A brief note on photography and apps and the photographic commons

Facebook’s Tom linked to a thought-provoking essay, “Instagram, Hipstamatic and Other Reasons Photography Is Starting To Suck”. The article’s thesis is obvious from its title.

If you’ve ever tried to take a photo everyday, similar to a 365 project, you’ll understand that it’s a pretty hard thing to keep up and it starts to loom over you everyday. I attempted one with my digital SLR, and it was even harder because it meant either going out everyday and taking photos, or having lots of photos of my dog. If you take it seriously, and have the time to complete them, you will find that your photography improves, but for the majority of people, it’s too much like hard work. The good thing about the project was that it encouraged me to carry my camera with me everywhere which meant that I was taking more photos which turned out good, but I ultimately didn’t have time to use it everyday and ended up producing a lot of rubbish too.

Apps such as Instagram take the idea of a daily photo blog and turn it into an iOS app for your iPhone, iPod Touch and iPad and throw in a bunch of filters in there for good measure. You can get some good results from your iPhone, but as I said before, photoshopping for photoshopping’s sake is not a good thing. Currently, Instagram have 150 million photos uploaded, that’s 15 going up every second, with a staggering 80% of using filters (and a bunch more in the other 20% have had filters applied in other apps, such as Hipstamatic). The pressure of trying to get a good photo by the end of the day invariably leads to poor content and composition of everyday life, enhanced by obvious digital filters. This is doing photography no good whatsoever.

These photos are then shared through Facebook and other means where the photographer receives praise for their work. Now, I have no problem with this as it is, but what’s not good is when people start to see this as photography, as they’ll never learn how to really improve on the artform, which they may have otherwise been interested in.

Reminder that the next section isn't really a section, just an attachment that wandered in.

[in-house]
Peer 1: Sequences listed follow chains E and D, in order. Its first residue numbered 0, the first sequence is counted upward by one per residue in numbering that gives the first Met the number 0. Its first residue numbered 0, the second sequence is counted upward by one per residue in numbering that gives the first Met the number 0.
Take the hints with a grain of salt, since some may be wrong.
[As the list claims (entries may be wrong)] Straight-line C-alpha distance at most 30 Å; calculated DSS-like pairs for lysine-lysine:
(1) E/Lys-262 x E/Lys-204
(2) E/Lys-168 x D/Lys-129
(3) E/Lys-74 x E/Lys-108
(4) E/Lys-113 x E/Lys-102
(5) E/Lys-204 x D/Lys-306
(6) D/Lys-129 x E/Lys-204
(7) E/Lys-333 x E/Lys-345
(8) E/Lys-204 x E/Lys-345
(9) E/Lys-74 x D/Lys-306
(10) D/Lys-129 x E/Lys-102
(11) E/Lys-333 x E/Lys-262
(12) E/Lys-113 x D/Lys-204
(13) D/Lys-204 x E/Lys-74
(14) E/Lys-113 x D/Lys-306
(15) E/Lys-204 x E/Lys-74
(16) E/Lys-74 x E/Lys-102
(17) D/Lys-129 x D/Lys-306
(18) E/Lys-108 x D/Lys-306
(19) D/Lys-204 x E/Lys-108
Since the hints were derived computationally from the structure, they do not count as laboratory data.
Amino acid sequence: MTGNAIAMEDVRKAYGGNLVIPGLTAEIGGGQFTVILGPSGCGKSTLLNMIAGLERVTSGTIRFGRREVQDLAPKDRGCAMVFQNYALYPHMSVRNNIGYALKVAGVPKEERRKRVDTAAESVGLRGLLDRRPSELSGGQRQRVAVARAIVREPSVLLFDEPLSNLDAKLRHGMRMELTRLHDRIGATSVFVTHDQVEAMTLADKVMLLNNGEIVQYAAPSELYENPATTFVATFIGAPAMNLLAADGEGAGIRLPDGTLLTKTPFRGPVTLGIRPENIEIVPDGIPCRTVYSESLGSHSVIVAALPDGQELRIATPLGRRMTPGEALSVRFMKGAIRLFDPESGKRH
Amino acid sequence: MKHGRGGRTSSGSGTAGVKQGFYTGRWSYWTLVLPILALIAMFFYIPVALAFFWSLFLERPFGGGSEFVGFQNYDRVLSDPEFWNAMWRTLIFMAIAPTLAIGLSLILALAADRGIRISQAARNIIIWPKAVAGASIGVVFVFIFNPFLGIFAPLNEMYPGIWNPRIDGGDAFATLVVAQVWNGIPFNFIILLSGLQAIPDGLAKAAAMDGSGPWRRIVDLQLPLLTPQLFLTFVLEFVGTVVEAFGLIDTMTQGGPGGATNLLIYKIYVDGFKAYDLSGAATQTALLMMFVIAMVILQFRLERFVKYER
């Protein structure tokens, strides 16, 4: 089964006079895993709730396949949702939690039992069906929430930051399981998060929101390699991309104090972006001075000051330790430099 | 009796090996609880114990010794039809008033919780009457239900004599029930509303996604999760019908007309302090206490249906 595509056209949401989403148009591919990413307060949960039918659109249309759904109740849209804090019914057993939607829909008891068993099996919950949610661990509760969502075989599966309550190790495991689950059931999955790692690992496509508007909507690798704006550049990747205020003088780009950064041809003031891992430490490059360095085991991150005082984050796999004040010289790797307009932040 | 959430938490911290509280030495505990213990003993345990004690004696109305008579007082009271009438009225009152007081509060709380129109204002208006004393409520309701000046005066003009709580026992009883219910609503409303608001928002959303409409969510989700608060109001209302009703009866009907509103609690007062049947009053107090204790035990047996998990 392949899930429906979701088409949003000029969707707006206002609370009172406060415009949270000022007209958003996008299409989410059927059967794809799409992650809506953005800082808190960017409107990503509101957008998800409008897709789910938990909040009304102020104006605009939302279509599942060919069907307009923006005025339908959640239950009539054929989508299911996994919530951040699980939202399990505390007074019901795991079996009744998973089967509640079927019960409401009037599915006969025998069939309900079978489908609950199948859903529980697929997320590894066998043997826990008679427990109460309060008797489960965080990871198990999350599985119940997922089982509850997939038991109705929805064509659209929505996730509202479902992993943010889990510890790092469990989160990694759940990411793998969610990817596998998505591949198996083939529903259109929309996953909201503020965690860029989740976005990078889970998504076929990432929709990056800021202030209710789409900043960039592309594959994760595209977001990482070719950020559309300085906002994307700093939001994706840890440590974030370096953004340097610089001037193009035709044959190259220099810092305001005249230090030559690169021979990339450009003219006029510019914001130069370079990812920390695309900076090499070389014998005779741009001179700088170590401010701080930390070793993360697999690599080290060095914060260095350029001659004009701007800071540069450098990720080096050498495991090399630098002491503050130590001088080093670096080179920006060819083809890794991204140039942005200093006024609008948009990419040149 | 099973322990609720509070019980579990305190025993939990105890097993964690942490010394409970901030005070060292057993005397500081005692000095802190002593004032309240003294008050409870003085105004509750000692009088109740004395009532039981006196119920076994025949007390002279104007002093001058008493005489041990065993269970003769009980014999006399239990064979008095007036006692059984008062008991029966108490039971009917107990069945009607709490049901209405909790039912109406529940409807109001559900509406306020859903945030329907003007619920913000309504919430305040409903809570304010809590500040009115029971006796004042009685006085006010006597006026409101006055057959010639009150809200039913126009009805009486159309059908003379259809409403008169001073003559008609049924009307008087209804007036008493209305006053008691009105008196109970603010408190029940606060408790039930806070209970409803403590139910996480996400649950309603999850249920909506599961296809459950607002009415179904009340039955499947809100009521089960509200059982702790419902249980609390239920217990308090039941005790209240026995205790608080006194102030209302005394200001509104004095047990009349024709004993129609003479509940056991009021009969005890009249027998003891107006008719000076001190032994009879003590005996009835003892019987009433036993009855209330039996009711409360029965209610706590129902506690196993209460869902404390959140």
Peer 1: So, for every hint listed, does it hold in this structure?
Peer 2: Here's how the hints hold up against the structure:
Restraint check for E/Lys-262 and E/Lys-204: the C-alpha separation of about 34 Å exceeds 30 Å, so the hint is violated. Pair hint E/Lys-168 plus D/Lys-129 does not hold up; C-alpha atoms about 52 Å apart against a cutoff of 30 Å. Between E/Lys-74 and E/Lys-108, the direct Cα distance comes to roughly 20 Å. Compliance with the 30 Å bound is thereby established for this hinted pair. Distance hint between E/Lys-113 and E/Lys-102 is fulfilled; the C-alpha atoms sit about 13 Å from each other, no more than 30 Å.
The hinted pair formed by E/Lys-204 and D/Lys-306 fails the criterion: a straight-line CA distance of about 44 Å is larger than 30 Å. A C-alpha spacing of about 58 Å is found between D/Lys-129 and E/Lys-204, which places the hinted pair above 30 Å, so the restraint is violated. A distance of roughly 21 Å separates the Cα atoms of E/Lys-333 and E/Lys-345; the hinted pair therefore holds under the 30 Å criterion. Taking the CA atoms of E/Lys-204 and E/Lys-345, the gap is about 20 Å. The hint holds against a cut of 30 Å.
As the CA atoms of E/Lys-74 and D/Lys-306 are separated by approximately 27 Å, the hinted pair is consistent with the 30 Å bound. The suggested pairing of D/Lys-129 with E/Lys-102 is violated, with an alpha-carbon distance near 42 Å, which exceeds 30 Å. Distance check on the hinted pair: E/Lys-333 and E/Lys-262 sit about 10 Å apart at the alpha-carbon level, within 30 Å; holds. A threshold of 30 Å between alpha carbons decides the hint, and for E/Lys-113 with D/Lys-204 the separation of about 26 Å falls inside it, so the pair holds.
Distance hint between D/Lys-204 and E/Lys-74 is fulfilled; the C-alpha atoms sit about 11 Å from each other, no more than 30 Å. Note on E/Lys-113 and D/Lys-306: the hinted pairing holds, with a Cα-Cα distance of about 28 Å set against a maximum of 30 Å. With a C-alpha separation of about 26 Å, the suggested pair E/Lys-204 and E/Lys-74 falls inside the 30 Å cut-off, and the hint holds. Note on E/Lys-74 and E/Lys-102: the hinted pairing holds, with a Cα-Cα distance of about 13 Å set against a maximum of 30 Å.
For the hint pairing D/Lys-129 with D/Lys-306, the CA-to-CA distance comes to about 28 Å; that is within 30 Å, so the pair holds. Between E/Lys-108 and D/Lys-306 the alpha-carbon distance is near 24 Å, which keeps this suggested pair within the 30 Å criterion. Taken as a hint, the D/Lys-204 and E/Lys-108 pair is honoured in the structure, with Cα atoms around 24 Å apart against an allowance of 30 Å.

There is quite a lot I agree with in this essay. Many popular photography apps can substitute technology for aesthetics, their relative ease of use decreasing the incentive for photographers to learn more focused skills. I’m also willing to agree that the vastly increased volume of photographs shared with the world, enabled by the spread of inexpensive digital phone technology, makes “art” photography substantially more difficult to find and to market than at any point in the past.

I do disagree with the author on the utility of the distinction that he makes, however. I’m willing to bet that for most people who take photos, enabled by digital technology, the theory and formal aesthetics of photography are irrelevant: they just want to take photos. The alternative to widespread and inexpensive photography apps isn’t the acquisition of advanced photographic skills for our internet era by the masses, but rather the masses not taking and sharing photos at all.

“That’s the thing about iPhone apps that appear to do all the work for you, they make you think that what you’ve created is something special, when in reality, it’s just an excuse to rearrange a bottle of gin, a porcelain model of a dog, tilt the camera and apply some dodgy filters to make it look 50 years older than it actually is.” If that works for the photographer and the audience, well, what’s necessarily wrong with that? Retaining the ability to distinguish between different photographic styles should be enough.

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